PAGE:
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Giuliani Declares Bankruptcy A Day After Federal Judge Orders $146m Payment to Defamed Election Workers

— December 24, 2023

Attorneys for the two Georgia election workers had already raised concerns that Giuliani may try to conceal assets to avoid meeting his legal obligations.

Former New York City mayor and Trump campaign attorney Rudy Giuliani has filed for bankruptcy less than a day after a federal judge ordered him to pay nearly $150 million in damages to two Georgia election workers.

According to N.P.R., Giuliani filed for Chapter 11 bankruptcy earlier this week, on Thursday. In it, he reported millions of dollars in debt from lawsuits, unpaid taxes, and other outstanding legal fees.

Giuliani’s move toward bankruptcy, adds N.P.R., came a day after a federal judge ruled that the former Trump attorney must immediately compensate Wandrea “Shaye” Moss and her mother, Ruby Freeman.

Both women—mother and daughter—worked with the Elections Department in Fulton County, Georgia. They became central in a strange conspiracy theory suggesting that Democrats across the country conspired to fix the 2020 presidential election in favor of Joe Biden.

Sharing footage of Moss and Freeman performing ordinary, election-related tasks, Giuliani and other Trump officials began false spreading rumors that the women had scanned pro-Biden ballots multiple times.

Moss and Freeman say that, after Giuliani made these claims, they began receiving violent, racist, and threatening voicemails.

“I was afraid for my life,” Moss testified in a December hearing. “I literally felt that someone would attempt to hang me and there was nothing anyone could do about it.”

Georgia state officials also noted that, even after a years-long investigation, they were unable to find any evidence suggesting that either woman had done anything unusual.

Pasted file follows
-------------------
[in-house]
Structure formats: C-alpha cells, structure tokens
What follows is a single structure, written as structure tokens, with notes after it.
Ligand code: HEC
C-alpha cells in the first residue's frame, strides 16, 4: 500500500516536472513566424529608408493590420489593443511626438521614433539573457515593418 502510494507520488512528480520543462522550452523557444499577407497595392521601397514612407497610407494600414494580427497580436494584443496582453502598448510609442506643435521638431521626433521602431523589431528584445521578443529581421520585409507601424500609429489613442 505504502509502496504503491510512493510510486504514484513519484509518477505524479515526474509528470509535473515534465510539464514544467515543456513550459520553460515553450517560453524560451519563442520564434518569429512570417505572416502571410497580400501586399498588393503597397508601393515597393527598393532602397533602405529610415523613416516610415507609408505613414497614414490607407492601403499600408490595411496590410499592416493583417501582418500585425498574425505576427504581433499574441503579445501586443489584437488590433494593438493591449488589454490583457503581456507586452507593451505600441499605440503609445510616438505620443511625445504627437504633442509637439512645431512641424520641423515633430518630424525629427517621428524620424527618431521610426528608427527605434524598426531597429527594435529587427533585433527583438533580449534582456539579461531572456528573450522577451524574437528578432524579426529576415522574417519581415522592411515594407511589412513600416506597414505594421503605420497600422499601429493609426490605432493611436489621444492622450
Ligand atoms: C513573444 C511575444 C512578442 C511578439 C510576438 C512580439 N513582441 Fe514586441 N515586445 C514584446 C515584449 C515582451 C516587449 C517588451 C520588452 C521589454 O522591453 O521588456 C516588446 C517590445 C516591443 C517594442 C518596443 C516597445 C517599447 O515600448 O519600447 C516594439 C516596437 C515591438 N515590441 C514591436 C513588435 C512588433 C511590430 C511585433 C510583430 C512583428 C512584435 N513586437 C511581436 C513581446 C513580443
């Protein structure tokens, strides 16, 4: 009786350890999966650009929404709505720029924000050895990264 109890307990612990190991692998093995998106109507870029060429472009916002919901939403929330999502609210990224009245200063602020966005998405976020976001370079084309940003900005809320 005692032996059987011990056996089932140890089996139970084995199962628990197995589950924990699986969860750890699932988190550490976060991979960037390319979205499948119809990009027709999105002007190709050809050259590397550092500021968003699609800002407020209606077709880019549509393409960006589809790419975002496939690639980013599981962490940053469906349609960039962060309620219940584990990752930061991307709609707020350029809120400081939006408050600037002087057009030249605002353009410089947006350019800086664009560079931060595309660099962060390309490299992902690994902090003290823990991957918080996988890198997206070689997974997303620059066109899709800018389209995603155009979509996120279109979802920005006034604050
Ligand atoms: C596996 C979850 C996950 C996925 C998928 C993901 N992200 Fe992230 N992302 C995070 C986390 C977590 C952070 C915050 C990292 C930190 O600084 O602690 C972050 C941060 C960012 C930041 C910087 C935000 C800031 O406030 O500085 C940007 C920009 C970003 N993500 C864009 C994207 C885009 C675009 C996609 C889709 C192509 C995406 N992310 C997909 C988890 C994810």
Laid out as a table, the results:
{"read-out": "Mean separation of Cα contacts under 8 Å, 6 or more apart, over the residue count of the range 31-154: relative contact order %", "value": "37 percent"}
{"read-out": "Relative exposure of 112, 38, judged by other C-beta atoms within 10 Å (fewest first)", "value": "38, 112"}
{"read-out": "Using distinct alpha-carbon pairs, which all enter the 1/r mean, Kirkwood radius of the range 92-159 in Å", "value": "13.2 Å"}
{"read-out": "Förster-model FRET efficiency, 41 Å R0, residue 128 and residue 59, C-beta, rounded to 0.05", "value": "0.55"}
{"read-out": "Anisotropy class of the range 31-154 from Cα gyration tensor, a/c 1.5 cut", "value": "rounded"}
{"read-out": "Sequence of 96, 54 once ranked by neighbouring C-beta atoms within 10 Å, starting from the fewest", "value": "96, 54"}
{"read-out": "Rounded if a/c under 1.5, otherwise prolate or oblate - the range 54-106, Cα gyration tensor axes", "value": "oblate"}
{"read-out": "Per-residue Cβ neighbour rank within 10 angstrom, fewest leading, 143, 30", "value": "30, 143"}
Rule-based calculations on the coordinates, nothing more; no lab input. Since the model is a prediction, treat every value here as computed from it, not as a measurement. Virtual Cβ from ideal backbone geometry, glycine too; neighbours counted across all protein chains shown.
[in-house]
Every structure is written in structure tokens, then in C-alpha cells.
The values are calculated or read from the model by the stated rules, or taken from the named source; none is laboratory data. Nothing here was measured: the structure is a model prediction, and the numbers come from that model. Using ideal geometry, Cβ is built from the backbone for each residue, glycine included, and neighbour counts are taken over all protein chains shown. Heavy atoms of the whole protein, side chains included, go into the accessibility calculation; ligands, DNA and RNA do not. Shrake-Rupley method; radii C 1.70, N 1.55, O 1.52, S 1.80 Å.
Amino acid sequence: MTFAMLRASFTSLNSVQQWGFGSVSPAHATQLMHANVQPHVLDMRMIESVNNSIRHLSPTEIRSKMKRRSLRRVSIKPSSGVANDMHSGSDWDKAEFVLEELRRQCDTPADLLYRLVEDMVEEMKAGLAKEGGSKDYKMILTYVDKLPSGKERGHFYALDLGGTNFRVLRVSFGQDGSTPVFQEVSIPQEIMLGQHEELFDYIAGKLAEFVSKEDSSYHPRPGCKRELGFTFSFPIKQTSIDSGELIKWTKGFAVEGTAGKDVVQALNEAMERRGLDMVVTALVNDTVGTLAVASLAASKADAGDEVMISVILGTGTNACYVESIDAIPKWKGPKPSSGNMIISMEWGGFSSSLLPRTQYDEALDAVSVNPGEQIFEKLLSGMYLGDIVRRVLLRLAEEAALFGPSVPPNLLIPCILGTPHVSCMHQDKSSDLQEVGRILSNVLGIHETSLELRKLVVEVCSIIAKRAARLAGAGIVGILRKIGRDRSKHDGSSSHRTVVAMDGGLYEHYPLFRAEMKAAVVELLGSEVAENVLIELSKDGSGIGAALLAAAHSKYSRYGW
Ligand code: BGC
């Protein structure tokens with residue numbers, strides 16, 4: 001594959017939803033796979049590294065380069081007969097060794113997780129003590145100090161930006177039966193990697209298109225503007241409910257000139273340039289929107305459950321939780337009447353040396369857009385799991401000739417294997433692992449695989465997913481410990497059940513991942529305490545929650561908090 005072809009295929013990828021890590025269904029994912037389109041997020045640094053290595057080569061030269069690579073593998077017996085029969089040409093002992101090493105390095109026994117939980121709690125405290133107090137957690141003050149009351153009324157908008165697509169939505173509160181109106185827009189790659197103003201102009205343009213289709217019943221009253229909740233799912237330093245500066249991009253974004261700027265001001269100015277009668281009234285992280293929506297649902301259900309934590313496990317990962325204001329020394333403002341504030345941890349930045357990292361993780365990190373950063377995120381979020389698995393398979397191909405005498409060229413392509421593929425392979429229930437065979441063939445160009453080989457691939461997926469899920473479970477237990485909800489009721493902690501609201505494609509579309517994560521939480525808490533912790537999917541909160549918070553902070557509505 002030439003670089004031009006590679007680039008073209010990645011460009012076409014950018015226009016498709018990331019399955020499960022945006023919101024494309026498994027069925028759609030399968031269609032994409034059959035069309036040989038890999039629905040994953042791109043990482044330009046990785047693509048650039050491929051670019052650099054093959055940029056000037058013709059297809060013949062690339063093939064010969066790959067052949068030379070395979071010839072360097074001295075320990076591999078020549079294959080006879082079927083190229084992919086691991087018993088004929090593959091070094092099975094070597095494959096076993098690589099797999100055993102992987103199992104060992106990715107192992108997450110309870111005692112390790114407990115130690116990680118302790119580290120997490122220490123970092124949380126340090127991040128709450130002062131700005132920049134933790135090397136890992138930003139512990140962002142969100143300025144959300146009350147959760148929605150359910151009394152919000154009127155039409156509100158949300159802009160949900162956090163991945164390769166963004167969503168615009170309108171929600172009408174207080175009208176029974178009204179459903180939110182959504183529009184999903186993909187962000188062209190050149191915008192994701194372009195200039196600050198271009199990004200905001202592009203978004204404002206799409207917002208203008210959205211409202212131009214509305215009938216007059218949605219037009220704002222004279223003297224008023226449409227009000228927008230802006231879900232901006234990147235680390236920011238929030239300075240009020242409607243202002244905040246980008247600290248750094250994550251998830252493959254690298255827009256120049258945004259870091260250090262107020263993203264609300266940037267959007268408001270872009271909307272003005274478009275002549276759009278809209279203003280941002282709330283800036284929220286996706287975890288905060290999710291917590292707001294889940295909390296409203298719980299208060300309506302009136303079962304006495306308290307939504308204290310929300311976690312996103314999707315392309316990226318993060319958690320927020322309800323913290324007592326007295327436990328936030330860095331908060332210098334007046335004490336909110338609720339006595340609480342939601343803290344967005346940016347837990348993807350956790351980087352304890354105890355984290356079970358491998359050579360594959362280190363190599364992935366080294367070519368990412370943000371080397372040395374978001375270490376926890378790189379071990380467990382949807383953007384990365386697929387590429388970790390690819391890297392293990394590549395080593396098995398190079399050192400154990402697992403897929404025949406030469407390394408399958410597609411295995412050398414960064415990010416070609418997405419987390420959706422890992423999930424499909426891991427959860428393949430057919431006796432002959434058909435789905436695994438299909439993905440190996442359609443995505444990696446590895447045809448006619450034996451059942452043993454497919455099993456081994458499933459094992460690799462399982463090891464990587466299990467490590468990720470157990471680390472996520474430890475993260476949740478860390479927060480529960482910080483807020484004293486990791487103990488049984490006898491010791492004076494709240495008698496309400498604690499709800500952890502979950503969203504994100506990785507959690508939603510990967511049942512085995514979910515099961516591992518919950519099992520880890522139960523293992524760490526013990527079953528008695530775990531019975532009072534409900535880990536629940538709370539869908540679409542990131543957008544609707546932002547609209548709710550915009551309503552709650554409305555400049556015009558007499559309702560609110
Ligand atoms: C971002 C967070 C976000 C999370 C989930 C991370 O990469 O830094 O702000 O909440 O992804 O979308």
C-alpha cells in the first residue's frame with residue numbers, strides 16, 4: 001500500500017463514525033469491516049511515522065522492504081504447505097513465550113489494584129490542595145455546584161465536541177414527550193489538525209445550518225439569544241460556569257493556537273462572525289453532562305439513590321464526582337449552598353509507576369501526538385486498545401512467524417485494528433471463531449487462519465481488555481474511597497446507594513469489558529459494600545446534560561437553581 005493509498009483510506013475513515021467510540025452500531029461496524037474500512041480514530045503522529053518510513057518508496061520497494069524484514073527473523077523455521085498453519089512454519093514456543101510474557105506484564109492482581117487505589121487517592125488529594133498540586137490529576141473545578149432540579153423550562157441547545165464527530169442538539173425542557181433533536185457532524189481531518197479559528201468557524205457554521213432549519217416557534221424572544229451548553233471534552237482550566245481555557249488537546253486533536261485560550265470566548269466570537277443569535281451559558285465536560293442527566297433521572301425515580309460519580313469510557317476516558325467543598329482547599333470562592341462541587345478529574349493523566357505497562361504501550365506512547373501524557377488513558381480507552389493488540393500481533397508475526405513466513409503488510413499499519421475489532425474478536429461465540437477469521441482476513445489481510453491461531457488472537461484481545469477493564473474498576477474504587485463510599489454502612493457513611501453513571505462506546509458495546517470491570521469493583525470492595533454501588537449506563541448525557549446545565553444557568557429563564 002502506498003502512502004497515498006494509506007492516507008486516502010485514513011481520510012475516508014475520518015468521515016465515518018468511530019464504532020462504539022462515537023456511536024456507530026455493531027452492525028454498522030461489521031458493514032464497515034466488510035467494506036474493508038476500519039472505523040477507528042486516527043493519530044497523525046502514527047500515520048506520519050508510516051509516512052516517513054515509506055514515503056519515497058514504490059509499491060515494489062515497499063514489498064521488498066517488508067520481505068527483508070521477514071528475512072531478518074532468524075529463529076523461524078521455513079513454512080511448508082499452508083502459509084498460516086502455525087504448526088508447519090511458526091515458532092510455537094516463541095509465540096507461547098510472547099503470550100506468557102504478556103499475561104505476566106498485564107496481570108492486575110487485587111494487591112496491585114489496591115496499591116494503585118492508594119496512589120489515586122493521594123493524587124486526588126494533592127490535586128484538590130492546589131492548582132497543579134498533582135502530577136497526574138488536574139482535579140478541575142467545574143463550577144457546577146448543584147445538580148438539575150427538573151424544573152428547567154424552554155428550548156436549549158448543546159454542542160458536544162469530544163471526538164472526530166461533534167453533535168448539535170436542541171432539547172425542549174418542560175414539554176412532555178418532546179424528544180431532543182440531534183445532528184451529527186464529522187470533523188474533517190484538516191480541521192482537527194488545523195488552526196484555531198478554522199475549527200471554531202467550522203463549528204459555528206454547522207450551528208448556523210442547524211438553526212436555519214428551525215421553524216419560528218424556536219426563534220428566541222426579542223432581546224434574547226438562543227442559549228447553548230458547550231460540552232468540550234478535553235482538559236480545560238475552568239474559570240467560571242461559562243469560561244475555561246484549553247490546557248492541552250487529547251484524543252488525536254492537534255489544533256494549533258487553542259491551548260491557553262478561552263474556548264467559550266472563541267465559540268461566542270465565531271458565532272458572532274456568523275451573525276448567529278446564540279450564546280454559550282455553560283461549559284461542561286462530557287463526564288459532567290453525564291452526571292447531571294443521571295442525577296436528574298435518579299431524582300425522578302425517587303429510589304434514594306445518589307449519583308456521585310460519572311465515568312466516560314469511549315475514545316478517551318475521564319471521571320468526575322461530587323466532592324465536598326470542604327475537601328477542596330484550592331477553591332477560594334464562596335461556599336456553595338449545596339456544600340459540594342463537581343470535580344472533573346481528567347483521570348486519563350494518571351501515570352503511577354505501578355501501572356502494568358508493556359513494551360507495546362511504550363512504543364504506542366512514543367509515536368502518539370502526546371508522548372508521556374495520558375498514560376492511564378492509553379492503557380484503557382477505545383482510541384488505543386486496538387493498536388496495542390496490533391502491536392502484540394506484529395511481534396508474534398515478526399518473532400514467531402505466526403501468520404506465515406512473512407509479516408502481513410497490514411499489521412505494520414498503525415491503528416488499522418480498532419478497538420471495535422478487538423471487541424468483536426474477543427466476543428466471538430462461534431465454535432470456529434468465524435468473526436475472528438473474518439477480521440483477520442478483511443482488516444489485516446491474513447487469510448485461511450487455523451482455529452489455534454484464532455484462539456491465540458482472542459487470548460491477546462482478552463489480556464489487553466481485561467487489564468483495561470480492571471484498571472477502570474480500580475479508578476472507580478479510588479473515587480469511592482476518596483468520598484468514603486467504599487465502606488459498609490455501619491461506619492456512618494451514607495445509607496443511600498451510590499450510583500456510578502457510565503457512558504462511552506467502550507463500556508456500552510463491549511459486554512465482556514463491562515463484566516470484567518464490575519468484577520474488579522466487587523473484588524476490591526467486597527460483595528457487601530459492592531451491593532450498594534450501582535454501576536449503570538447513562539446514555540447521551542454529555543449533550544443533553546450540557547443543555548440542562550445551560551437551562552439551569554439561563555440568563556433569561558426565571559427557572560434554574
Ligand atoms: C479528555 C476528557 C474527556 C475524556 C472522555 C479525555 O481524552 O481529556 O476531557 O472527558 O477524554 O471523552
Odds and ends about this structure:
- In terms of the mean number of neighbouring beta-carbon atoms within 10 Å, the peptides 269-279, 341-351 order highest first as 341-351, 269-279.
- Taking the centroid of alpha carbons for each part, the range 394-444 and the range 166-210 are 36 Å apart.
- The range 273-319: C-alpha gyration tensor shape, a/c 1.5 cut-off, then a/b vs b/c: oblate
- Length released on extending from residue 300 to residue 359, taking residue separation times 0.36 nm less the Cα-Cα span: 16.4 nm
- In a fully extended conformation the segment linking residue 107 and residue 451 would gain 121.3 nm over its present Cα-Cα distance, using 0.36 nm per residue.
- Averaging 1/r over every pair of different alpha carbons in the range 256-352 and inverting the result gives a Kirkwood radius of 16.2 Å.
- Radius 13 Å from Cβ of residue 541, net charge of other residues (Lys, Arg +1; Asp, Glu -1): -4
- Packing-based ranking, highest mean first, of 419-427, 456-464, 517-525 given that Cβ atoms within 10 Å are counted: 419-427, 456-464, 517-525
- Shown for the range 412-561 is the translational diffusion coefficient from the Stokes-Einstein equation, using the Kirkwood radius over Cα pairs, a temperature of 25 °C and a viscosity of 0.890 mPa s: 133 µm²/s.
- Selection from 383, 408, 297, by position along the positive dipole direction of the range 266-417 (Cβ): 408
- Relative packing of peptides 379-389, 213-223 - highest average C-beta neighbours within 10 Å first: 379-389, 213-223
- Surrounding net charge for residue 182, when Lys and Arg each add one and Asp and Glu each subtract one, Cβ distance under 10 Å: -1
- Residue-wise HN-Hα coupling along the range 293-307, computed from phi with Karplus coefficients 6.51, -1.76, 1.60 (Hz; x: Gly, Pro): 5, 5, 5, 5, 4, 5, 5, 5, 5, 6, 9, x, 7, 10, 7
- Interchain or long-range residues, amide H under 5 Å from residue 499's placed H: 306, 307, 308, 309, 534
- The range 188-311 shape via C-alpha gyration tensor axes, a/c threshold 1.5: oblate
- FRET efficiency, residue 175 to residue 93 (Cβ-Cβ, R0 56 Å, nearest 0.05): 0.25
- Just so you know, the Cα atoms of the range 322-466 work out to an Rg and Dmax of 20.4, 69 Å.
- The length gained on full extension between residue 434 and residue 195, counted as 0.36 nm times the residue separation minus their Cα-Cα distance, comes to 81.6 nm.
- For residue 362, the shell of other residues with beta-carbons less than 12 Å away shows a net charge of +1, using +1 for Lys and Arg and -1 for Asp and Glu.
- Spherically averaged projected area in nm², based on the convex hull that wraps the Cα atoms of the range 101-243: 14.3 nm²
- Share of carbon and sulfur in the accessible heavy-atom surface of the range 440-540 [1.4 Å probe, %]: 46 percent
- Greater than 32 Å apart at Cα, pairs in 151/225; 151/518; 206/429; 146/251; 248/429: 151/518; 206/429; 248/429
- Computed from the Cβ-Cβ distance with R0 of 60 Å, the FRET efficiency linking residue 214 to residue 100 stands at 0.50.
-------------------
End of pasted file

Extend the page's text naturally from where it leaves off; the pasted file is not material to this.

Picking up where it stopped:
A picture of  former President Donald Trump. Image via Flickr/user:Gage Skidmore. (CCA-BY-2.0).

“There was no evidence that suggested they did anything wrong, except show up for work and work hard,” said Frank Braun, who led the Georgia Secretary of State’s investigation into the election fraud allegations.

Giuliani has already begun positioning himself to avoid accountability, with a political advisor saying that the jury-awarded damages are unrealistic.

“No person could have reasonably believed that Mayor Rudy Giuliani would be able to pay such a high punitive amount,” Giuliani advisor Ted Goodman said in a statement. “Chapter 11 will afford Mayor Giuliani the opportunity and time to pursue an appeal, while providing transparency for his finances under the supervision of the bankruptcy court, to ensure all creditors are treated equally and fairly throughout the process.”

Nevertheless, U.S. District Judge Beryl A. Howell has directed that Giuliani make an immediate payment, saying that the former mayor has “proven himself to be an unwilling and uncooperative litigant.”

“Nowhere in opposition does Giuliani promise not to hide assets from plaintiffs,” Howell wrote in a court order Wednesday. “Nor does he contend, let alone demonstrate with documentary or other proof, that he would be unable to satisfy the judgment or in part.”

Howell observed that, even as Giuliani’s lawyers argued that paying damages would be “the civil equivalent of the death penalty,” neither he nor his counsel have responded to requests for evidence of financial difficulties.

Instead, Giuliani hired a spokesperson—a spokesperson who not only conveyed Giuliani’s interests to the press, but attended trial with him, too.

“Such claims of Giuliani’s ‘financial difficulties’ – no matter how many times repeated or publicly disseminated and duly reported in the media – are difficult to square with the fact that Giuliani affords a spokesperson, who accompanied him daily to trial,” Howell wrote.

Attorneys for Freeman and Moss said that, even though it appears that Giuliani has “substantial assets” in New York and Florida, there is a significant risk that he may find a way to liquidate his holdings and minimize his financial responsibility to avoid paying damages.

“There is substantial risk that Defendant Giuliani will find a way to dissipate those assets before Plaintiffs are able to recover,” they wrote.

Giuliani, notes FOX-5, is still awaiting criminal trial for election conspiracy-related charges in Georgia.


Giuliani files for bankruptcy after judge rules Georgia election workers can collect $148m

Giuliani is ordered to pay $148 million to Georgia election workers he defamed

Rudy Giuliani files for bankruptcy a day after a judge orders him to pay $146 million

Rudy Giuliani files for bankruptcy days after being ordered to pay $148 million in a defamation case

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